Wesley Pruden would have undoubtedly wanted to spend his final hours at his keyboard, deftly deflating the pompous, entitled and arrogant of the political establishment, and he came awfully close.
The venerable Washington Times editor, columnist and journalism institution was found dead Wednesday morning at his home, his passing coming hours after putting in a full day at the newsroom on New York Avenue in Northeast, where he had worked since 1982, four months after the newspaper’s founding.
He was 83. His remarkable career began 67 years ago as a teenage copy boy in Arkansas, making him among the few old-school newsmen whose sharp political acumen, elegant writing style, and keen sense of the absurd allowed him to remain as relevant in the digital age as he was in the days when the rumpled shirts of newsmen were splattered with ink.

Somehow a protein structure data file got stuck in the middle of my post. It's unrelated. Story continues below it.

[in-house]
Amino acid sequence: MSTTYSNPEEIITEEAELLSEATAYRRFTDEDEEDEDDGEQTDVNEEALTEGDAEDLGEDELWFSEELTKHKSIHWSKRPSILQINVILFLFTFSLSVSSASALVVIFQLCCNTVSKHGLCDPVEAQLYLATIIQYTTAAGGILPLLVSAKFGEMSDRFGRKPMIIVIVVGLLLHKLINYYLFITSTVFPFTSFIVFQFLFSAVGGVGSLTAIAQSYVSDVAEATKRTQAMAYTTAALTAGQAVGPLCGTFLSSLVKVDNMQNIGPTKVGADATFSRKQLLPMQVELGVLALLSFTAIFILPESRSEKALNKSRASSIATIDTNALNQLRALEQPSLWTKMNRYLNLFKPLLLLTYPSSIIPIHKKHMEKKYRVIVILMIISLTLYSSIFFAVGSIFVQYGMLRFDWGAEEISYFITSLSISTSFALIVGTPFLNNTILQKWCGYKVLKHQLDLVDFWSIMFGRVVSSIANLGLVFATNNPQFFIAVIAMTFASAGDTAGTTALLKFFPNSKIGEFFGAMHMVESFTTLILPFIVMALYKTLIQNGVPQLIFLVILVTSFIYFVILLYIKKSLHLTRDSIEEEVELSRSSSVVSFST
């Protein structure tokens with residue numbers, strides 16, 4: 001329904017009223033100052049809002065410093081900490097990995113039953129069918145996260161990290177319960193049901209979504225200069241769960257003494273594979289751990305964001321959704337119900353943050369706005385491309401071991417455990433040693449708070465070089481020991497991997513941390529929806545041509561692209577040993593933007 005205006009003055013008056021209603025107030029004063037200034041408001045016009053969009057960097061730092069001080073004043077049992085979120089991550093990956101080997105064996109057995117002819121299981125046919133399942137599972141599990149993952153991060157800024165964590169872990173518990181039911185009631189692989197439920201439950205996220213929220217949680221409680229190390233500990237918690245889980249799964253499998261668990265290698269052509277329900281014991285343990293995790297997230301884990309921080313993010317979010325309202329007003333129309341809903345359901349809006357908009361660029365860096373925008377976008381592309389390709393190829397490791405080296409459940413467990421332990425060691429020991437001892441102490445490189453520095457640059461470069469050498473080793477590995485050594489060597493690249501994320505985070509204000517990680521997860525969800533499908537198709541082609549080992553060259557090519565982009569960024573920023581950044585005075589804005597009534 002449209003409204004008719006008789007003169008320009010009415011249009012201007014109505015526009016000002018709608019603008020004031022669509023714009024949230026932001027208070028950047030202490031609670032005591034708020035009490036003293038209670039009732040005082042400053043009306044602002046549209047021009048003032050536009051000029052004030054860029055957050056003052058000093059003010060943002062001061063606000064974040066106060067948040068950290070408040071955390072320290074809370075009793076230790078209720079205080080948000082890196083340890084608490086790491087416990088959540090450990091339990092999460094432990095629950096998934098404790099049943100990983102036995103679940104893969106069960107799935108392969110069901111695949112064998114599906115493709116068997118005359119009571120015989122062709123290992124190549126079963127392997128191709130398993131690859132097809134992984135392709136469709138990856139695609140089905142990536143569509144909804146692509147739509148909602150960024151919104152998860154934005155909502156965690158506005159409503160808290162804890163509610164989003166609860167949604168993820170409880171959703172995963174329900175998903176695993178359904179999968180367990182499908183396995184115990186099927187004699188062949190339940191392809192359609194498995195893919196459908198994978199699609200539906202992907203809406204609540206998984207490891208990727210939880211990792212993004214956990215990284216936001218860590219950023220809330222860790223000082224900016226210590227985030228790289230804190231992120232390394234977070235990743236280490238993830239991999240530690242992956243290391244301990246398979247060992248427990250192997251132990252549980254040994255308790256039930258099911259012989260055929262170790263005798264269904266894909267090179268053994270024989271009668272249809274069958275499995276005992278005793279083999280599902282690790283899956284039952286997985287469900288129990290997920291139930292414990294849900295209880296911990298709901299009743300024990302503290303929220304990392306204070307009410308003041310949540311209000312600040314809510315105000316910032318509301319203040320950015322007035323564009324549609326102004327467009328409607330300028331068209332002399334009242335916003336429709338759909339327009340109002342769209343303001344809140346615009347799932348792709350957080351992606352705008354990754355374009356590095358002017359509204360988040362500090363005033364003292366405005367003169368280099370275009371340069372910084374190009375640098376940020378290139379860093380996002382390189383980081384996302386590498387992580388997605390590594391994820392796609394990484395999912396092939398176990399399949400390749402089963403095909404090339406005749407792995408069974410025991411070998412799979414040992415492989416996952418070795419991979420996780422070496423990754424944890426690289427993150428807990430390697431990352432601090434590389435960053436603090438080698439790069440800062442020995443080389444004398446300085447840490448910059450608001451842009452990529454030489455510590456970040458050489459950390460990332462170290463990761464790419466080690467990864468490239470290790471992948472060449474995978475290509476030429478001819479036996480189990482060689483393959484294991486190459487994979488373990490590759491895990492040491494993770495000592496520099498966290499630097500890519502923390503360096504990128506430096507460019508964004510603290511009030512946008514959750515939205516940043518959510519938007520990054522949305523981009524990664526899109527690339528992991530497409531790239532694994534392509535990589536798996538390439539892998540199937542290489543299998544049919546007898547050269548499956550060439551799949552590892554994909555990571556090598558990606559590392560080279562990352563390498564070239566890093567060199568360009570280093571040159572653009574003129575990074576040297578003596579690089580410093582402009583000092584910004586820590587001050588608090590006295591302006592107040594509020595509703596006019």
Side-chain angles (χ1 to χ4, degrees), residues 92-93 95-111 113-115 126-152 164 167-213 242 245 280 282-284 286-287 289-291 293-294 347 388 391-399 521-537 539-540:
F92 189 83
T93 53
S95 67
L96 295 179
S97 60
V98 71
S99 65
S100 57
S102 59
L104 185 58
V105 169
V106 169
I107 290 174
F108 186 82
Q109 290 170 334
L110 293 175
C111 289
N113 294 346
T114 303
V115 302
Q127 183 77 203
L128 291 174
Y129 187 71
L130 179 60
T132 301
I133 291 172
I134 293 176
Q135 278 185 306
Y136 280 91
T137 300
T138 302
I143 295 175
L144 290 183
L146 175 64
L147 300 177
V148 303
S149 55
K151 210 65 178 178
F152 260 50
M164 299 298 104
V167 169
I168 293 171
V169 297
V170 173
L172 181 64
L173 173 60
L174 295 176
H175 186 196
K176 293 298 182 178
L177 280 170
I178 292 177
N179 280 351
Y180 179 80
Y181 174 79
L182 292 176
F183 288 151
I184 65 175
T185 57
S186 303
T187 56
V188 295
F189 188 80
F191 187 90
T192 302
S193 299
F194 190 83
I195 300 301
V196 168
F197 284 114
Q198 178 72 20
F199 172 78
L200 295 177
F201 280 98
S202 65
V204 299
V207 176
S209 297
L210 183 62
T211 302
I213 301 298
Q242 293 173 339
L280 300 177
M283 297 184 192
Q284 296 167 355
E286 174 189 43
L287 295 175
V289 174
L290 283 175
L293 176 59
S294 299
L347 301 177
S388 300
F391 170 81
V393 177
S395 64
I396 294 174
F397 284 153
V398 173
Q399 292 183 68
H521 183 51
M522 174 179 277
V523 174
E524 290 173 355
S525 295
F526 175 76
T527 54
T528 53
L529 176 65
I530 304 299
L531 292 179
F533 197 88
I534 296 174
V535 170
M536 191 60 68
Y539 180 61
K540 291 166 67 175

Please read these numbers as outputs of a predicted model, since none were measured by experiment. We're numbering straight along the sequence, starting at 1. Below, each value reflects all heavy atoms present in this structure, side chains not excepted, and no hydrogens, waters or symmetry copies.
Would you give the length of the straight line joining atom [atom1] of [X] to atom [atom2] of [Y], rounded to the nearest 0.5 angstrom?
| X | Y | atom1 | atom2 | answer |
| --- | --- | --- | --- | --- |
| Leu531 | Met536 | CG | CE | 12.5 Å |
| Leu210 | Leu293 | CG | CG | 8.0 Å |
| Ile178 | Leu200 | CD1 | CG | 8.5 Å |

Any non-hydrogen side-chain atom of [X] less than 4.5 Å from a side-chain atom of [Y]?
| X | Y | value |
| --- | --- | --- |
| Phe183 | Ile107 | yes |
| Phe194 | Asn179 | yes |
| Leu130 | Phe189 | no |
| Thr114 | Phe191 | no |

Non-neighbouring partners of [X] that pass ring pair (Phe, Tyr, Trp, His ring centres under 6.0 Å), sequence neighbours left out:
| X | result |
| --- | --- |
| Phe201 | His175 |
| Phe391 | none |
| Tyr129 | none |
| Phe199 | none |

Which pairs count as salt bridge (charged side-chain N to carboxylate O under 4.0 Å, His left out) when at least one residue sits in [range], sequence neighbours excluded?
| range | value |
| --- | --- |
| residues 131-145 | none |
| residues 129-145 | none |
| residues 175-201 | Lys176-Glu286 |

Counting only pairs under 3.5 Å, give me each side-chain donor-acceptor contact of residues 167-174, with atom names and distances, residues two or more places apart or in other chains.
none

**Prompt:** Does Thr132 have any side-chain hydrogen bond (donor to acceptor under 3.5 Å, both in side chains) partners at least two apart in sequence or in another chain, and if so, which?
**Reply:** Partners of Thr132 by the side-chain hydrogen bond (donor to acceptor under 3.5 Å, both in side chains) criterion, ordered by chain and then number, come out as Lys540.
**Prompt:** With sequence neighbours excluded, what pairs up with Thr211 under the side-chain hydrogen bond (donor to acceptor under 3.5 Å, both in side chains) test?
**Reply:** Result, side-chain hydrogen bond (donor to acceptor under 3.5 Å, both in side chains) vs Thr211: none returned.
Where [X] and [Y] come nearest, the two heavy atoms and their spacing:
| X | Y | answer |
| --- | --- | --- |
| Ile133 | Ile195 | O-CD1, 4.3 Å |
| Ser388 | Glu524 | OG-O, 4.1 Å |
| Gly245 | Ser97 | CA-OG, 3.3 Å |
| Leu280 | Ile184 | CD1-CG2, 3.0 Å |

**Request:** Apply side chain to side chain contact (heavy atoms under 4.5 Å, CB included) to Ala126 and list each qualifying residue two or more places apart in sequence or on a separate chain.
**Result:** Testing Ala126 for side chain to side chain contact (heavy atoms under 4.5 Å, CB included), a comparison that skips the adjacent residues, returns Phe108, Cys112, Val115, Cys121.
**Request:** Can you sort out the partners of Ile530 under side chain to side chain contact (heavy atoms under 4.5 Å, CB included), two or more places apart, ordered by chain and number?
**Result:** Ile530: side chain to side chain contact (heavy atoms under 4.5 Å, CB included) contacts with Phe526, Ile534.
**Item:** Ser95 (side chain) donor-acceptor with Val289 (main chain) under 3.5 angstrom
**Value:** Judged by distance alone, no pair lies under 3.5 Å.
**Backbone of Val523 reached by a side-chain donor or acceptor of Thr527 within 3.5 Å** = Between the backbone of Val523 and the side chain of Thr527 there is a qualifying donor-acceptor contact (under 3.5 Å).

After stepping down as editor-in-chief in 2008, Mr. Pruden assumed the title of editor emeritus, writing staff editorials, helping edit the Commentary section, and filing his twice-weekly column, “Pruden on Politics,” a must-read for decades in Washington, D.C.